It is well known in traveller circles that Botswana offers amazing safari experiences and untouched, raw natural beauty, but have you heard of the zebra migration in the Makgadigadi? Although not as famous as the Great Wildebeest Migration up in East Africa, the zebra migration is still a spectacular sight and is unique to this corner of Botswana. This particular migration, Africa’s second largest after the Serengeti migration, takes place after the December/January rains which, by February/ March, have transformed the arid expanse of the massive Makgadikgadi salt pans into a paradise of shallow streams, large pool-like puddles and vibrant green vistas.
The Okavango Delta and ancient Lake Makgadikgadi sit in the middle of the arid Botswana hinterland but, fed by the Okavango River (which in turn is fed by the rains in the Angolan highlands), the Delta swells each rainy season and creates a vast wetland teeming with life. A few hundred kilometers south is a dry lake that once would have also been an oasis, but nowadays is a salt pan created by endless seasons of evaporating water that never finds its way to the sea. The migration of some 30 000 strong zebra is a traditional journey between the two, in search of mineral-rich grasses, safe breeding grounds and, of course, water.
The sight of herds of zebras on the move across the Kalahari Desert on their 680 km migration as they spread out into the remote, briefly verdant salt pans of the Delta, is a breathtaking and unforgettable sight. It’s a little-known wonder (and thus attracts fewer crowds) and is best seen from one of the luxury safari camps in the Makgadikgadi and Nxai National Parks or the Kalahari Desert, all teeming with wildlife and lush greenery during the rainy season. Studies have revealed that these Zebra in the Makgadikgadi can survive for up to a week without water.
The migration itself, ongoing since time immemorial, was undiscovered until recently when a research team noted zebras fitted with GPS collars had travelled from the southern Okavango to the distant Makgadikgadi grasslands and back, crossing over the region’s two national parks.
If it’s off-the-beaten-track and in search of something unique that you want, then timing your Botswana safari to coincide with the migration season (February and March) is a nice (and definitely different) idea! Here are our accommodation picks:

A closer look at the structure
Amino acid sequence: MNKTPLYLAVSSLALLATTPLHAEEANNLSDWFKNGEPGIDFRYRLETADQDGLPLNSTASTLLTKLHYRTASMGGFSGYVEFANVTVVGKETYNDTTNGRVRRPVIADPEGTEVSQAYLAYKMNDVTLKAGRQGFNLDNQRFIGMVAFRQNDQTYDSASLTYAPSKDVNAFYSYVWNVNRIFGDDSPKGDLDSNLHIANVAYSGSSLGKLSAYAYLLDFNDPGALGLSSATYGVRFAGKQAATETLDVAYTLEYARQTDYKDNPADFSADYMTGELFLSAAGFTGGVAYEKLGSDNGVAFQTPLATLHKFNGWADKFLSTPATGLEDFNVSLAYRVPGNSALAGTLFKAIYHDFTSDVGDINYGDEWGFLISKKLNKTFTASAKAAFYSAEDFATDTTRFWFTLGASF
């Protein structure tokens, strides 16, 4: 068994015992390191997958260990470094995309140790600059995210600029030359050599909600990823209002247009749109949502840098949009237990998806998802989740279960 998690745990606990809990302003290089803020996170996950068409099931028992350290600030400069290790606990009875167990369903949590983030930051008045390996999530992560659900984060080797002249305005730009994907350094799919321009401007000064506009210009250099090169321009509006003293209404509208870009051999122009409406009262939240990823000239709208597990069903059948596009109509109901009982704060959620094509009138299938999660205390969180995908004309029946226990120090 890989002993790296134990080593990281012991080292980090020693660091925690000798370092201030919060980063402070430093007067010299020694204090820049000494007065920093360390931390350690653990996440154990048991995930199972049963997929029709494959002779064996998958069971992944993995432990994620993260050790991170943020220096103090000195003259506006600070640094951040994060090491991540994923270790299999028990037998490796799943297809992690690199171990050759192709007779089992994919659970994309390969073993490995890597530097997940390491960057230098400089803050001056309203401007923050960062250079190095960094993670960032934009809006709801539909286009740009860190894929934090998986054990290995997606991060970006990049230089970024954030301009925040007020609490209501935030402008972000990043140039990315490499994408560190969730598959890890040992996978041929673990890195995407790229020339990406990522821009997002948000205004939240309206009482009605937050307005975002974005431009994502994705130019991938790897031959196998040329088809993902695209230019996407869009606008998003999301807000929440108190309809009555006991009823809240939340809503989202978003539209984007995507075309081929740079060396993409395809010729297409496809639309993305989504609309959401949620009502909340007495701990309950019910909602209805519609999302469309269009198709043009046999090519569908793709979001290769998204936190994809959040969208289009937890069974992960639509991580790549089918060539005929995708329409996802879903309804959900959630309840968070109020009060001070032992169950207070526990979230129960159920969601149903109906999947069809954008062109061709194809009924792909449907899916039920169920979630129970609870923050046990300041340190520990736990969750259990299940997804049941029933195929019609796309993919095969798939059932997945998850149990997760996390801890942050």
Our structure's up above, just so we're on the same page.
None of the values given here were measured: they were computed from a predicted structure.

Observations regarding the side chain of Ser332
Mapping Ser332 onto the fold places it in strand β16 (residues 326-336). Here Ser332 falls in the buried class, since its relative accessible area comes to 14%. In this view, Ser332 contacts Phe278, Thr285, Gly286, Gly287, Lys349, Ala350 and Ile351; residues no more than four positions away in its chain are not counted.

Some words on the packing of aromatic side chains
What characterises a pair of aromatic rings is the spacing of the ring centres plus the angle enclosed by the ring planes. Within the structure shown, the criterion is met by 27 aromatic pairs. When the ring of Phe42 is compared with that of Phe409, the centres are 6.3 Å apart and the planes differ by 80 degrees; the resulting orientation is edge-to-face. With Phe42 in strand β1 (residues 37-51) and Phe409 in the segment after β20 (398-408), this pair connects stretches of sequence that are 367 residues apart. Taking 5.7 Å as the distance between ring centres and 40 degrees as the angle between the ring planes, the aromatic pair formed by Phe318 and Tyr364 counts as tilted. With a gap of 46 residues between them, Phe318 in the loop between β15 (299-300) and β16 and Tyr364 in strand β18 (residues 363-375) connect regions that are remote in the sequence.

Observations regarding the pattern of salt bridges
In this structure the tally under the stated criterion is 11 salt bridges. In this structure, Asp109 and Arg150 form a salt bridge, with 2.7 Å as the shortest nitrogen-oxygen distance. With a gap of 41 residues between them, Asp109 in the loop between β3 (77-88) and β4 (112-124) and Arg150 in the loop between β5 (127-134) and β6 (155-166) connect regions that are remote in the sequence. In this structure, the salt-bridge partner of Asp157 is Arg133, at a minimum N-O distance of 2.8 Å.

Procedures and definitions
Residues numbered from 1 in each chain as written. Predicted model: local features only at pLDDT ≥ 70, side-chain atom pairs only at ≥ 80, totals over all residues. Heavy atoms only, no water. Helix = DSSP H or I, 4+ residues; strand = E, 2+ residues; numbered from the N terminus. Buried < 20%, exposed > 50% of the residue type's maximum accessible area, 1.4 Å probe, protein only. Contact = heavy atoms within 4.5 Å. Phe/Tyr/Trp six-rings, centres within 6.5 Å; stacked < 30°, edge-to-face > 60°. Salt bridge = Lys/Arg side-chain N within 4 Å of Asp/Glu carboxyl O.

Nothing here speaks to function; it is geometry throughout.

We suggest visiting Le Roo La Tau Safari Camp which lies nestled on the Makgadikgadi Pan National Park’s western border, just above the Boteti River’s life-giving waters. The lodge features a raised hide which is perfect for viewing the migratory herds clustering to drink and graze the sweet grasslands. Other animals also gather here, as do a wide variety of birds, many of which are in their colourful breeding plumage at this time of the year.
A more luxurious and certainly more remote choice would be Jack’s Camp, also situated in the Makgadikgadi Pans. Jack’s is unlike any other safari camp in the whole of Africa! Guests stay in luxury tents set against a dramatic desert landscape of massive silences and savage beauty. Inspired by the original 1940’s safari camp that old man Jack established, it is steeped in pioneer day history but has all luxury amenities.
Here you’ll see the herds grazing on the move whilst keeping a watchful eye for predators that follow the migration. Vultures and other birds of prey wheel and shriek in the air above the herds, waiting in competition with the local brown hyena packs for the chance to finish off a kill. Both camps offer full-day excursion drives across the vast plains, as well as quad-biking trips and walks led by experienced San Bushman guides.
The Makgadikgadi Pan isn’t only one of the most magical of Africa’s remote wildlife regions but also one of the most fascinating for its plethora of species. The great migrations are a focus, not just for zebras, but also for impala, kudu and other plains game, including the endangered white rhino. The beauty of staying at one of the above camps isn’t just the amazing sights, it’s the night sounds of Africa, heard whilst enjoying a delicious meal with fine wine under a myriad stars.
For the thrill of a lifetime and an up-close and personal experience why not see the Botswana zebra migration on horseback? Spend up-to six dream days exploring the mysterious, millennia-old lake bed and its seasonal waterholes on horseback, accompanied by experienced guides. David Foot and his team are the best outfitters in the region and operate in collaboration with Unchartered Africa. Guests stay at Camp Kalahari which is located on the path of the migration and surrounded by the region’s desert-adapted wildlife including meerkat clans, aardvarks and porcupines.
For an unforgettable experience in one of Africa’s most remote locations why not follow the zebra migration across the Makgadikgadi salt pans? You may just be completely enthralled.
If you’d like to get more information on Botswana and the fascinating zebra migration, Contact Us and our expert consultants will be glad to answer any questions you might have.